Prion biology in the context of bacteria
Author(s)Yuan, Andy H. (Andy Han)
Massachusetts Institute of Technology. Department of Biology.
Ann Hochschild abd Susan L. Lindquist.
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Prions are infectious amyloid aggregates first described in the context of mammalian neurodegenerative diseases collectively known as the transmissible spongiform encephalopathies. Prions have also been uncovered in yeast, where they function as protein-based units of heredity that confer unique phenotypic traits on those cells that harbor them. To date, the discovery of prions and prion-like phenomena has been confined to the Eukarya. The work presented in this thesis seeks to explore the possibility that prion-like mechanisms are operative in the bacterial domain of life. In what follows, we demonstrate that Escherichia coli cells can propagate a model yeast prion in a chaperone-dependent manner, establishing that the bacterial cytoplasmic milieu in general and a molecular machine in particular are poised to support protein conformation-based heredity in bacteria. Moreover, we provide evidence that a bacterial transcription termination factor exhibits prion-like behavior in E. coli and yeast. Our work thus suggests that bacterial prions exist and may function as previously unrecognized reservoirs of phenotypic diversity among the most abundant organisms on earth.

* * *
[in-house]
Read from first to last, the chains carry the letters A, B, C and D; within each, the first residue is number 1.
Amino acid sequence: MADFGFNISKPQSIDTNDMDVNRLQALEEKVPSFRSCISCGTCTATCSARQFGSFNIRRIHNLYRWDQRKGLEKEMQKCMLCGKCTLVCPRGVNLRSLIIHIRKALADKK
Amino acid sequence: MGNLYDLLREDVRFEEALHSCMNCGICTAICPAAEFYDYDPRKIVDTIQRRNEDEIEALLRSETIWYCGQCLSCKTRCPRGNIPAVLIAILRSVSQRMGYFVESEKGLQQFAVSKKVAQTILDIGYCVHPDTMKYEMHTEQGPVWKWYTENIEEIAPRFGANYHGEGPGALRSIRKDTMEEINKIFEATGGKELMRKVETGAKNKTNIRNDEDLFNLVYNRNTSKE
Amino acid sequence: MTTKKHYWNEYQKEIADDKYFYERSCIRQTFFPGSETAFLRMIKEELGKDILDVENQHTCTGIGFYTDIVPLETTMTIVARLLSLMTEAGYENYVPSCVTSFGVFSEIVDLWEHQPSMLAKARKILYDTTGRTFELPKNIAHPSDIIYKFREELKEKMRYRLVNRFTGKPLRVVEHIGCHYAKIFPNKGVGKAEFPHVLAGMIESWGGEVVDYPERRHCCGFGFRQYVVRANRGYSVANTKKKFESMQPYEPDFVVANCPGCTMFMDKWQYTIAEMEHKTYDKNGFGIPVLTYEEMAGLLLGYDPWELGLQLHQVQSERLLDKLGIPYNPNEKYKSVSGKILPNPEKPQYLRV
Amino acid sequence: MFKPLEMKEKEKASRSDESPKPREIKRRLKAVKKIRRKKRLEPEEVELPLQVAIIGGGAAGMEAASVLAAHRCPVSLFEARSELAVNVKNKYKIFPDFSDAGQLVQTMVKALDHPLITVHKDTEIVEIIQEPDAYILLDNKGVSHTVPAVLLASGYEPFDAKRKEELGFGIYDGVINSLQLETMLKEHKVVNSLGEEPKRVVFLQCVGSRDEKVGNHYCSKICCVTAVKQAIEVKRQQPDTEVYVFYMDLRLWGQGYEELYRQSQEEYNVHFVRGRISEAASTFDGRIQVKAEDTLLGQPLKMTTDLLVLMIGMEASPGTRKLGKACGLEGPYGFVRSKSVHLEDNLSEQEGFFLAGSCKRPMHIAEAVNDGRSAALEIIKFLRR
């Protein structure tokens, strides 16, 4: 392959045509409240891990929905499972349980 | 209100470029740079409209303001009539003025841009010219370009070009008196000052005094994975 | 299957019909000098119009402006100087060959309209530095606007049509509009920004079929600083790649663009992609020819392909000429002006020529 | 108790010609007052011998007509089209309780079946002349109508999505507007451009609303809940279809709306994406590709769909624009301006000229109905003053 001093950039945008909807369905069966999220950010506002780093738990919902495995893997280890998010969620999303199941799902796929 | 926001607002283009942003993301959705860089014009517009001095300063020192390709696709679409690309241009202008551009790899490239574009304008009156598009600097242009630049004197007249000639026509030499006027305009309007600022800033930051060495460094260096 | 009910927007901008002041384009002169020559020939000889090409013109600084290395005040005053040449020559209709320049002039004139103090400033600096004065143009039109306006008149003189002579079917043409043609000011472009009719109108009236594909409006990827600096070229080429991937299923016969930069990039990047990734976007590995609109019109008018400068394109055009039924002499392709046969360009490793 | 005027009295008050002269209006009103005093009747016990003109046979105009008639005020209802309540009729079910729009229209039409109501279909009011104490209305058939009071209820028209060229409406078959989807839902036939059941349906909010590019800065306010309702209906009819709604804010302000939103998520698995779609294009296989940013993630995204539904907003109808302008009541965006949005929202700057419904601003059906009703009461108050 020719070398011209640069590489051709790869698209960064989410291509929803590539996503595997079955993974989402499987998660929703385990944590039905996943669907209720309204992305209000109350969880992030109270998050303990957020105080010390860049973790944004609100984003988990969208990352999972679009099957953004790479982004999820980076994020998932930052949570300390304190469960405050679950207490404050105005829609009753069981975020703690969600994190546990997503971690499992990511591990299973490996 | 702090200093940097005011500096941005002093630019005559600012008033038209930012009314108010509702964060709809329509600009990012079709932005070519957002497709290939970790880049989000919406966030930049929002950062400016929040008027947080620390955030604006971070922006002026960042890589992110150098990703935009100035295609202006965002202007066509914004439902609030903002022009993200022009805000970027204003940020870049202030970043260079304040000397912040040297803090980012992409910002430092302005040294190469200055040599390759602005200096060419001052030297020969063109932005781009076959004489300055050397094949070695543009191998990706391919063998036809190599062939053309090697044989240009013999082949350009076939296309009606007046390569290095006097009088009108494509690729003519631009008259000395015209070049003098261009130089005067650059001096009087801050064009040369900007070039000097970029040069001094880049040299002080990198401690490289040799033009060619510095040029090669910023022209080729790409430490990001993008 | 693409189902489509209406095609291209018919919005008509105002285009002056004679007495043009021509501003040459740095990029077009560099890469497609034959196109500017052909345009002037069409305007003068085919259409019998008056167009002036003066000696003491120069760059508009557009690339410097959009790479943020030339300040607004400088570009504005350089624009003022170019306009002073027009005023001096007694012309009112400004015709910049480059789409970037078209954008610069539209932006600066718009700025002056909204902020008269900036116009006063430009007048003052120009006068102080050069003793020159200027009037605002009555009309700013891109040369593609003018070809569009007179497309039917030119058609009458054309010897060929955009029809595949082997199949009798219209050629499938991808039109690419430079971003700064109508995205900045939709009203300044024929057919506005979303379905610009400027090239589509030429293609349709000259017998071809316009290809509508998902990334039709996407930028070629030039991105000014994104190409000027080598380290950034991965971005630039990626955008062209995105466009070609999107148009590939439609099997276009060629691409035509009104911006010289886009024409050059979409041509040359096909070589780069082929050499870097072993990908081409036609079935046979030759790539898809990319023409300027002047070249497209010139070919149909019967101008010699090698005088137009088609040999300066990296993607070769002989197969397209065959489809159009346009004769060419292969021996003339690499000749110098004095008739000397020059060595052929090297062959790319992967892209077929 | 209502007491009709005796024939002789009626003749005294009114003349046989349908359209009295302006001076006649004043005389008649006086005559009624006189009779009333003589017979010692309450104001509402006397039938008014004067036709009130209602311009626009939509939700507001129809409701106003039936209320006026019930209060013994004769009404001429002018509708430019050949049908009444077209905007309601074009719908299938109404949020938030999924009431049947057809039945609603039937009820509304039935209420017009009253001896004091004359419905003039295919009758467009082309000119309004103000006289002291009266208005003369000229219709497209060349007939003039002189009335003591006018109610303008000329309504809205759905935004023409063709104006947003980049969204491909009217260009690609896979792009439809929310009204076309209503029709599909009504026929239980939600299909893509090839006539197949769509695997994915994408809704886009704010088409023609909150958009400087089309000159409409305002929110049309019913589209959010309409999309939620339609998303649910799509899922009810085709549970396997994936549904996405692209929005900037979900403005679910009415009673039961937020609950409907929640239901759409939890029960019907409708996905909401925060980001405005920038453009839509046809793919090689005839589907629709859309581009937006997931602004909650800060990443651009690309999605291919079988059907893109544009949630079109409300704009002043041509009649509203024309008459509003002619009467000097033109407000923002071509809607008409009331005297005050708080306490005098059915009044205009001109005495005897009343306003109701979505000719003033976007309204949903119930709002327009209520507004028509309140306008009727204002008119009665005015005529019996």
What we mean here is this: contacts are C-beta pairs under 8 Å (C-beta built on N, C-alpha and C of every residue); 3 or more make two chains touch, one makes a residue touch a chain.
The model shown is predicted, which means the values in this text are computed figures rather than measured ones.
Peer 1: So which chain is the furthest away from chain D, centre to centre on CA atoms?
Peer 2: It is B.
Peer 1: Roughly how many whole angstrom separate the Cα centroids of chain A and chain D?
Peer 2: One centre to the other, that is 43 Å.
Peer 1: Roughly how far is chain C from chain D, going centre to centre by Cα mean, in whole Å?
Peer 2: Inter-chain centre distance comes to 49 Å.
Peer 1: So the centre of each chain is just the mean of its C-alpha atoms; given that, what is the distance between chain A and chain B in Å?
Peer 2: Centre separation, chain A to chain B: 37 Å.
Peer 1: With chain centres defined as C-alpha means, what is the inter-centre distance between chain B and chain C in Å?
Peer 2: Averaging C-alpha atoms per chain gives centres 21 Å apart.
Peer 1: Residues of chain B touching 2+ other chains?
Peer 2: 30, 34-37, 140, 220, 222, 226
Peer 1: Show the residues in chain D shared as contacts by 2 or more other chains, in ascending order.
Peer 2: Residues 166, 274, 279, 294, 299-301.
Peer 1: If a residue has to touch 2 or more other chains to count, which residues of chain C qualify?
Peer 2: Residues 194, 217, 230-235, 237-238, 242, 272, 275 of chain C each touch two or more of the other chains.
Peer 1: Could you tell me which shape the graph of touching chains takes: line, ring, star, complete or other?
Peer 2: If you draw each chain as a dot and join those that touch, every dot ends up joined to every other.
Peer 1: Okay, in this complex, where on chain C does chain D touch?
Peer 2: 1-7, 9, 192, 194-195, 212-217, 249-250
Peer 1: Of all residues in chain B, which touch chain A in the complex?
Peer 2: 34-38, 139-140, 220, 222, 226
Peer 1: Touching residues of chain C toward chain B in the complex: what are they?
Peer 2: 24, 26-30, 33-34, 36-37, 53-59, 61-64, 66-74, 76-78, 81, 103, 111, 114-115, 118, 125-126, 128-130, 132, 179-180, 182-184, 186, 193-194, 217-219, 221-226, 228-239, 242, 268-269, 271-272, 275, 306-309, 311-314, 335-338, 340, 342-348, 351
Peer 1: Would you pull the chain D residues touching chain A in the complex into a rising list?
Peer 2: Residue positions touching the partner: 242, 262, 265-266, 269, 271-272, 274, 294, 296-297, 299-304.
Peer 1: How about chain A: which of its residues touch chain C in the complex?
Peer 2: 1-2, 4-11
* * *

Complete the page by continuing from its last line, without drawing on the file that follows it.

Thesis: Ph. D., Massachusetts Institute of Technology, Department of Biology, 2015.Cataloged from PDF version of thesis. Vita.Includes bibliographical references.
DepartmentMassachusetts Institute of Technology. Department of Biology.
Massachusetts Institute of Technology